Over the past three years I have had the opportunity to recruit, match and support long-term young adult religious volunteers for local nonprofits as a key component of our Service Corps Program, Beloved in the Desert. Working largely with Gen Z volunteers who serve about 1300 hours with our partner nonprofits over 10 months, I have been inspired and have learned much from their keen insights. It is an honor to help them to develop skills for action and reflection that will help them live integrated lives of sustainable long-term service and justice in their communities.

Photo of Mike Edmonds. Edmonds is standing with crossed arms and wearing a white apron.

Mike Edmonds, Thrive in the 05

I live in Tucson House. Having been unemployed, I sought to either become employed, go to school and/or start a business. Instead, I became involved with serving and assisting my co-residents and neighbors here at Tucson House du to the pandemic. Over the last two years, I have been involved in more and more projects and services. At the age of 60, I learned that I am considered a "high-functioning autistic," which to me explains much of my experiences throughout my entire life.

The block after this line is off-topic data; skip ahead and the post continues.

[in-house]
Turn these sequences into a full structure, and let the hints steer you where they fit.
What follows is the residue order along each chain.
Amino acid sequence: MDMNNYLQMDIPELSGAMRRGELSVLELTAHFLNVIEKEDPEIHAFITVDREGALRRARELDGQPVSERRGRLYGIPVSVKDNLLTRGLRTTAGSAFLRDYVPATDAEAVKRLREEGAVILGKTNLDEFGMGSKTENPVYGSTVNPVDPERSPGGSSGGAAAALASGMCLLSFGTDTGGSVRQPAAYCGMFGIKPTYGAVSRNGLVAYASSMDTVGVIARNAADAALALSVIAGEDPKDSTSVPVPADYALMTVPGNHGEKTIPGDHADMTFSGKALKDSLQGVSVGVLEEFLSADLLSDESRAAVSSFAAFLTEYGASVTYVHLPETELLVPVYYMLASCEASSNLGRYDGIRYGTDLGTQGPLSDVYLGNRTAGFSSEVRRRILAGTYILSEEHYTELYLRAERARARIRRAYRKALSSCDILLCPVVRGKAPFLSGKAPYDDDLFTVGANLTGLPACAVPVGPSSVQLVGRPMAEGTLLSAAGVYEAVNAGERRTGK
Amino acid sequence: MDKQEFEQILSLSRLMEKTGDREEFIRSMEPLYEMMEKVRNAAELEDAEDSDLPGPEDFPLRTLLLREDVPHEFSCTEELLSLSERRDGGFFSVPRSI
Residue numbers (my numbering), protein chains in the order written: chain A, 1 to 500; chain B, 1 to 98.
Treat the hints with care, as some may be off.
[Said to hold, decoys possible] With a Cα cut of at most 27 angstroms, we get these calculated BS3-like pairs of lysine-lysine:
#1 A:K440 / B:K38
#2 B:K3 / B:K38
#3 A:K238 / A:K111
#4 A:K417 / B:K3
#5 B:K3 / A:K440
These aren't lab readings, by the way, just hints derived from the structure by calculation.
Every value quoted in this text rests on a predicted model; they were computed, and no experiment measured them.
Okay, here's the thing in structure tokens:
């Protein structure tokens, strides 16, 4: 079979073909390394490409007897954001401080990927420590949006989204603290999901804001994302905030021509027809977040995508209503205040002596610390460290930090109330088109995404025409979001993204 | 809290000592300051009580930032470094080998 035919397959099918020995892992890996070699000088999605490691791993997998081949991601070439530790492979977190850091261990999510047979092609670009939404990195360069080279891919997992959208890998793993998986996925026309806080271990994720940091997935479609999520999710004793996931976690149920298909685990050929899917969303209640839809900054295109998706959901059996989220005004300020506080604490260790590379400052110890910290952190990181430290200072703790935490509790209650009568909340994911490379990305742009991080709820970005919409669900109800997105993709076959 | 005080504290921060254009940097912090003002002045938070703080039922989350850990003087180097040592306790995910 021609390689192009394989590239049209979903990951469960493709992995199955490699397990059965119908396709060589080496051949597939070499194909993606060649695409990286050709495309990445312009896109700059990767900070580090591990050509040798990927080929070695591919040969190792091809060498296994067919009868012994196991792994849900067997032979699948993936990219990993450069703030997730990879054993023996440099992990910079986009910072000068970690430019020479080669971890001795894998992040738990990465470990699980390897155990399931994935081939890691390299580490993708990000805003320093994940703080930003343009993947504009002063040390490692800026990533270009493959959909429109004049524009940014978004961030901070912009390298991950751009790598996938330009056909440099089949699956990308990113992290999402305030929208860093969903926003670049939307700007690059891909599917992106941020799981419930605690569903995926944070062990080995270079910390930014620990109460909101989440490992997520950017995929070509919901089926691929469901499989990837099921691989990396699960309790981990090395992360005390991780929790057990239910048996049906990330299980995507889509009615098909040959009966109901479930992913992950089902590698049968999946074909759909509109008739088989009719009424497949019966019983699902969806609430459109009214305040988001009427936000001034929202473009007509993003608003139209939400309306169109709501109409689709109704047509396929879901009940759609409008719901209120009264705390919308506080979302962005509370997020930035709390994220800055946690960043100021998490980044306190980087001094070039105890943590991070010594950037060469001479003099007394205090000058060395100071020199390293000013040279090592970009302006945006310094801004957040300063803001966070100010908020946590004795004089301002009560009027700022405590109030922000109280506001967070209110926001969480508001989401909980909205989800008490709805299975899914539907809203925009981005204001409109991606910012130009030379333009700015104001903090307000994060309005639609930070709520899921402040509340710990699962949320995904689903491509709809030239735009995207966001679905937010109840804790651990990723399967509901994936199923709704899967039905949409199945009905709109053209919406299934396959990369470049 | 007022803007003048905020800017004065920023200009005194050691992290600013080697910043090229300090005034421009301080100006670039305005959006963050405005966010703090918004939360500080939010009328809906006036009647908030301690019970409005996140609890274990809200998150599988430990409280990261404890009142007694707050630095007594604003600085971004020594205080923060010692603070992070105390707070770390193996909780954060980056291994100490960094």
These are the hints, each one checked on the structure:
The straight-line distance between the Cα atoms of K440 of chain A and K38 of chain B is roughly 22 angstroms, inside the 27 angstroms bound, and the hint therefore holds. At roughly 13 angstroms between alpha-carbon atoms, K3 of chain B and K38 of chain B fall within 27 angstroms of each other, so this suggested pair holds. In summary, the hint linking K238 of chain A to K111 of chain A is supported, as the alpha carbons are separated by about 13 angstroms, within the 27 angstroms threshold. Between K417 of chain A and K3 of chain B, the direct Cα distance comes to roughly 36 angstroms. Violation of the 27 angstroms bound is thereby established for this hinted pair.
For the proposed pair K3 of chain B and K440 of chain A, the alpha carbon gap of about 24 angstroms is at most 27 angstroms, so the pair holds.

Photo of Asha Greyeyes.

Asha Greyeyes, Public Allies Arizona

I have participated in different events as a volunteer, mostly helping pick fruits around Tucson. Interning under a Volunteer Manager right now with Public Allies Arizona is giving me experience in what they have to consider for the well-being of their volunteers and the longevity of the volunteer experience.

Photo of Katia Jones.

Katia Jones, Sibyl Strategy Group, LLC

I volunteer to do my part in making our community better for future generations. Being a community servant is an important role in this world.